Wafers having a nominal composition:
Ce0.8 Gd0.2 O2-d
were also prepared by a process analogous to the process described above.
Conductivity measurements were made using the A.C. impedence technique. FIG. 2 shows total conductivity (S/cm) of each composition as a function of O2 partial pressure (atm) at 700° C. The electrolytic domain boundary of the Ce0.8 Gd0.2 O1.9 composition was about O2. The electrolytic domain boundary of the Ce0.8 Gd0.19 Pr0.01 O2-d composition was 4.6-10-21 atm O2
Wafers having nominal compositions:
Ce0.8 Gd0.2-z Prz O2-d and
Ce0.8 Gd0.2-z Smz O2-d,
were prepared by processes analogous to the process described in Example 1.
FIG. 3 shows a plot of electronic conductivity under reducing conditions (P02 =1×10-23 atm) versus atomic fraction of secondary dopant for the above described wafers at 700° C.
With regard to the Ce0.8 Gd0.2-z Prz O2-d compositions, the electronic conductivity reaches a minimum of about 0.18 S/cm at a mole fraction Pr of about 0.010. The results obtained using Sm as a secondary dopant were in agreement with those obtained using Pr as the secondary dopant.
FIG. 4 shows a plot of electronic domain boundary (atm O2) versus atomic fraction of secondary dopant for the above described wafers at 700° C. The electronic domain boundary of the Ce0.8 Gd2-x Prx O2-d compositions, fell below about 5×10-19 atm for atomic fractions of Pr of greater than about 0.001. The results obtained using Sm as the secondary dopant were in agreement with those using Pr as the secondary dopant.
The conductivity data collected in Example 1 were used to calculate the performance of fuel cells using each of the electrolyte compositions. The calculations were based on a fuel cell having a 0.005 inch thick electrolyte layer operated at 710° C. with negligible electrode losses. The method of calculation is conventional in the art, e.g. see generally, P.N. Ross, Jr. and T.G. Benjamin, "Thermal Efficiency of Solid Electrolyte Fuel Cells with Mixed Conduction", Journal of Power Sources 1 (1976/77) 311-321.
FIG. 5 shows a plot of calculated cell voltage and calculated electronic short circuit current versus current density at 710° C. A fuel cell having an electrolyte of the present invention exhibits an electronic short circuit current that is substantially lower than the short circuit current exhibited by fuel cell having a Ce0.8 Gd0.2 O2-d electrolyte at current densities less than 2000 mA/cm2.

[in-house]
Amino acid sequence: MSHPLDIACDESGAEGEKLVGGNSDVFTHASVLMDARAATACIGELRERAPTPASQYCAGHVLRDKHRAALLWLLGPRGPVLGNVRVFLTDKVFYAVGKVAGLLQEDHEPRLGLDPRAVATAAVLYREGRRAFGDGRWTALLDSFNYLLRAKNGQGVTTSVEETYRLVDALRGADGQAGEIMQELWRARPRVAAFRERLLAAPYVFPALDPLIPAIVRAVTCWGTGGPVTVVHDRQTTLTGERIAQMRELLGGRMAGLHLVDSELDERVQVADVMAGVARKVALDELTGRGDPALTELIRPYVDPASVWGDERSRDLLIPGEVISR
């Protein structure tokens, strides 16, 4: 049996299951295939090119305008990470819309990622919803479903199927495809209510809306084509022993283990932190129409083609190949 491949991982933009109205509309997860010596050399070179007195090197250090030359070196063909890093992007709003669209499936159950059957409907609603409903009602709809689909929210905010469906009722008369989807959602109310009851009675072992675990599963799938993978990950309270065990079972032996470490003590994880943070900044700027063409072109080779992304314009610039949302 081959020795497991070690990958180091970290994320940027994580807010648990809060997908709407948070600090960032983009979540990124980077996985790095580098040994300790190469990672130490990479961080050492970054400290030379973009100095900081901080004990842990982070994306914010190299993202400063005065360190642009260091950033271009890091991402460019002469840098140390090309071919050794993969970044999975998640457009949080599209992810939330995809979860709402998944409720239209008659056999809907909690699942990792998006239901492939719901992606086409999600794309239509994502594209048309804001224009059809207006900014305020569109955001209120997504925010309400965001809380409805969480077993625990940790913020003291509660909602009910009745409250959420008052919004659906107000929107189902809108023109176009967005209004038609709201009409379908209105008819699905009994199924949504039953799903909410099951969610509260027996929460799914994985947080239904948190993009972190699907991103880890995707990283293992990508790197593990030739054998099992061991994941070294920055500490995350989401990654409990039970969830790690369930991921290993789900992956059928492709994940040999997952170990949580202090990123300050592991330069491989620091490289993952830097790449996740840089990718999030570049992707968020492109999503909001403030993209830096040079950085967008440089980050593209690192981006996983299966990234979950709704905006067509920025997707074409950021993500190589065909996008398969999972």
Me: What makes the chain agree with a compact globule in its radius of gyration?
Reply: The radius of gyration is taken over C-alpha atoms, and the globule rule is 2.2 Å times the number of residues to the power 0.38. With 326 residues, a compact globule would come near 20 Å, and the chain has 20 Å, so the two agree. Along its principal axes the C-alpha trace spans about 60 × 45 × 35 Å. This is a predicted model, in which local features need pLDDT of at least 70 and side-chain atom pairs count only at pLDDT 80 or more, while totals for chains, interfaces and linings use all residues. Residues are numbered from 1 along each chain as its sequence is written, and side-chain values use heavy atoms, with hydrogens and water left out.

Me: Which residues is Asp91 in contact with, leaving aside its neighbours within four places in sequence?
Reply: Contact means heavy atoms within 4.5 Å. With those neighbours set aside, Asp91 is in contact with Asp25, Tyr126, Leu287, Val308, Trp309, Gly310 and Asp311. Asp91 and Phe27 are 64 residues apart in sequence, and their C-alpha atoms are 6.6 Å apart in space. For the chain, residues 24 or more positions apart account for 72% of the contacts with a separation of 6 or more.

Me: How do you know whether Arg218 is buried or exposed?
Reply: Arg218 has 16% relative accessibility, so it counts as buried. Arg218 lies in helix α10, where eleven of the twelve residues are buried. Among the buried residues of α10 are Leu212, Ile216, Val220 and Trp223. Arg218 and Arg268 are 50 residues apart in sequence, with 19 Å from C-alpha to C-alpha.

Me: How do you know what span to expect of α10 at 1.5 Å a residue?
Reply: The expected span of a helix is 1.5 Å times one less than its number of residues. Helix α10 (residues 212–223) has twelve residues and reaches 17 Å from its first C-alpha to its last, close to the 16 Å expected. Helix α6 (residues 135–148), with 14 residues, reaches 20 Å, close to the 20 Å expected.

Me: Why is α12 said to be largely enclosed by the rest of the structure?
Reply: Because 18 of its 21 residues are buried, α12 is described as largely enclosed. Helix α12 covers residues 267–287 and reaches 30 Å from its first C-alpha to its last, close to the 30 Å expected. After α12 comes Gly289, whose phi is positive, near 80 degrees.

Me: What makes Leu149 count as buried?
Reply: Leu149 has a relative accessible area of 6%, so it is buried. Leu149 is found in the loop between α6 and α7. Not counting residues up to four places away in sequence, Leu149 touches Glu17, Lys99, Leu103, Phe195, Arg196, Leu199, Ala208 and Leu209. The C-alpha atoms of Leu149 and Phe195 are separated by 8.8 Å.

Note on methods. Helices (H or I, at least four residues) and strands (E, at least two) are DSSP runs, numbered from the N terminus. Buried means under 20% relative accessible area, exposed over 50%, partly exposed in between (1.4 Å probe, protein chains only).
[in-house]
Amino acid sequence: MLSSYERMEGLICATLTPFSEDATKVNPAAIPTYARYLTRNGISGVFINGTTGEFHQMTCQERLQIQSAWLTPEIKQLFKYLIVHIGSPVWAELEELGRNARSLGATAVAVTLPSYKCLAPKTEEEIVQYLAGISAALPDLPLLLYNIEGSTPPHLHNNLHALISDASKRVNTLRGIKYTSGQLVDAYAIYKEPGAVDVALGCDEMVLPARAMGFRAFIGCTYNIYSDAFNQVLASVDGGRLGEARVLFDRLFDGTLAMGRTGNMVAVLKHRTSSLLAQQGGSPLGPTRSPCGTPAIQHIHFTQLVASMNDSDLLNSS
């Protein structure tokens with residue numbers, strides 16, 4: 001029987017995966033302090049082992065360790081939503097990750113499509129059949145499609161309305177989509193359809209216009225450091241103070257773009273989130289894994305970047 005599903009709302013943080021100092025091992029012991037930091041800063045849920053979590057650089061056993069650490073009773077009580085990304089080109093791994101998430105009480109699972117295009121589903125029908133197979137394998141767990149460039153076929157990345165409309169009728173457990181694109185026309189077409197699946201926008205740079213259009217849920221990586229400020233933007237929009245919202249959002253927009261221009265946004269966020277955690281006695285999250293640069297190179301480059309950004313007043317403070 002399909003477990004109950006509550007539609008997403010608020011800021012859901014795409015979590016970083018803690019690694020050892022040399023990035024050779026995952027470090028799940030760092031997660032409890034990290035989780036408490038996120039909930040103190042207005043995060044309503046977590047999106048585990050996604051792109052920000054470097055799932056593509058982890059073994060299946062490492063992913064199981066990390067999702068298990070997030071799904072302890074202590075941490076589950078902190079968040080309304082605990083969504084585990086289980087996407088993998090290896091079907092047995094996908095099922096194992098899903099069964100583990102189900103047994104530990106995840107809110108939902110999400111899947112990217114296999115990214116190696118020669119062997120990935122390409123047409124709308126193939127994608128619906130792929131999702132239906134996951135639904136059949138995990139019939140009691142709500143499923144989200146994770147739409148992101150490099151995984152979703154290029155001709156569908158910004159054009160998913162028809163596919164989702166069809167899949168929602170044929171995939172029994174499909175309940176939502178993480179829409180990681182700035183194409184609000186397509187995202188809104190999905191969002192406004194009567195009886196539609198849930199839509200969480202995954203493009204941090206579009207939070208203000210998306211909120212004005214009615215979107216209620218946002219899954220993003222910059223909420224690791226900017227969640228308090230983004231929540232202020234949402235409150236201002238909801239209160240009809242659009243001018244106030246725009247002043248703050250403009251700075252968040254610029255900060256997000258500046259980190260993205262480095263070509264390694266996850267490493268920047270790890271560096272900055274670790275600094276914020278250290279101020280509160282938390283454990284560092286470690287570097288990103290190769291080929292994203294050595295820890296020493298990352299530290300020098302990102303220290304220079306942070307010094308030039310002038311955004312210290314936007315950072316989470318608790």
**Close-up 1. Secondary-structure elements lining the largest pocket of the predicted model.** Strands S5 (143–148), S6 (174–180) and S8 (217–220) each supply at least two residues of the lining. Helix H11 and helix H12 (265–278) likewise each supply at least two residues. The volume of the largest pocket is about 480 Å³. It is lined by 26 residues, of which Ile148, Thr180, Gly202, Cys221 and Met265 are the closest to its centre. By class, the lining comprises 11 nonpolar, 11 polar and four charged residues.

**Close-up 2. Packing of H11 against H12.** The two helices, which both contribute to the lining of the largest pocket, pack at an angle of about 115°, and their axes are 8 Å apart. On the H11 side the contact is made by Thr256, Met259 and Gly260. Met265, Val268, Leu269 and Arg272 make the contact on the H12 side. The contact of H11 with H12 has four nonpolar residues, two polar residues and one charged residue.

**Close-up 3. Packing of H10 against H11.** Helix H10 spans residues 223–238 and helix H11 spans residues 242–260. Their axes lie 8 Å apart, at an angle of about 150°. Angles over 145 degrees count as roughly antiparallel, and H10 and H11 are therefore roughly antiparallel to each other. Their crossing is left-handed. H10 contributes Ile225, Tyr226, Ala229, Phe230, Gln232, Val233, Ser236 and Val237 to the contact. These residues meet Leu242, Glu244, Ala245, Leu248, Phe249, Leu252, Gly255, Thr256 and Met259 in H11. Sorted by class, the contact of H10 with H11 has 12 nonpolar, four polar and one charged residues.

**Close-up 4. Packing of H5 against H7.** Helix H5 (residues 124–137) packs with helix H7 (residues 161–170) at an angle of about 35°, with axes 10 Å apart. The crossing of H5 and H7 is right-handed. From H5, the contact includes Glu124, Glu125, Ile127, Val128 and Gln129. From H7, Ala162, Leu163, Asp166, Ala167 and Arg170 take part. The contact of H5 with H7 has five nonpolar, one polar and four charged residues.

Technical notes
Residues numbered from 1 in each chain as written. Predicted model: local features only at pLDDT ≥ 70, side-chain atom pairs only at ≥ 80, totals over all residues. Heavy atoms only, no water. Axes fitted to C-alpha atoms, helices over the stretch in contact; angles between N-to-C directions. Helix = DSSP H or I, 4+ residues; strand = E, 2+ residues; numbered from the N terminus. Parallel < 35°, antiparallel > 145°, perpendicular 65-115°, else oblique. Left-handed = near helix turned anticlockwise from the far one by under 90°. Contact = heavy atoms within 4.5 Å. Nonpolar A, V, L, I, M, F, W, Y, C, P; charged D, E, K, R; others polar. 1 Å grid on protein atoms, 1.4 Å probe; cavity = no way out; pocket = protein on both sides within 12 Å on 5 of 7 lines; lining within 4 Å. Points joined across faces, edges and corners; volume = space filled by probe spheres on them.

FIG. 6 shows a plot of calculated cell efficiency and calculated power density versus current density at 710° C A fuel cell having an electrolyte composition of the present invention exhibits a maximum cell efficiency of about 0.48 at an current density of about 750A/cm2, while a cell having a Ce0.8 Gd0.2 O2-d electrolyte exhibits a maximum cell efficiency of about 0.4 at a current density of about 1000 mA/cm2.
A fuel cell having an electrolyte of the present invention exhibits a maximum power density of about 1.2 w/cm2 at a current density of about 2400 mA/cm2 at 710° C., while a fuel cell having Ce0.8 Gd0.2 O2-d electrolyte exhibits a maximum power density of about 0.9 w/cm2 at a current density of about 2000 mA/cm2 at 710° C.
The electrolyte composition of the present invention provides high ionic conductivity and reduced electronic conductivity under low oxygen partial pressures. Fuel cells employing the electrolyte composition of the present invention will exhibit improved efficiency and higher power density relative to fuel cells employing conventional ceria electrolyte compositions, due to a reduction in short circuiting between the electrodes of the fuel cell.
While preferred embodiments have been shown and described, various modifications and substitutions may be made thereto without departing from the spirit and scope of the invention. Accordingly, it is to be understood that the present invention has been described by way of illustrations and not limitation.
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|U.S. Classification||429/495, 429/304|
|International Classification||H01M8/12, H01M8/02, C04B35/50, H01B1/06|
|Cooperative Classification||Y02E60/521, Y02E60/525, C04B35/50, H01M8/126, Y02P70/56|
|European Classification||H01M8/12E2C, C04B35/50|
|Dec 14, 1989||AS||Assignment|
Owner name: INTERNATIONAL FUEL CELLS CORPORATION, A CORP. OF
Free format text: ASSIGNMENT OF ASSIGNORS INTEREST.;ASSIGNORS:MARICLE, DONALD L.;SWARR, THOMAS E.;TULLER, HARRY L.;REEL/FRAME:005202/0109;SIGNING DATES FROM 19891205 TO 19891212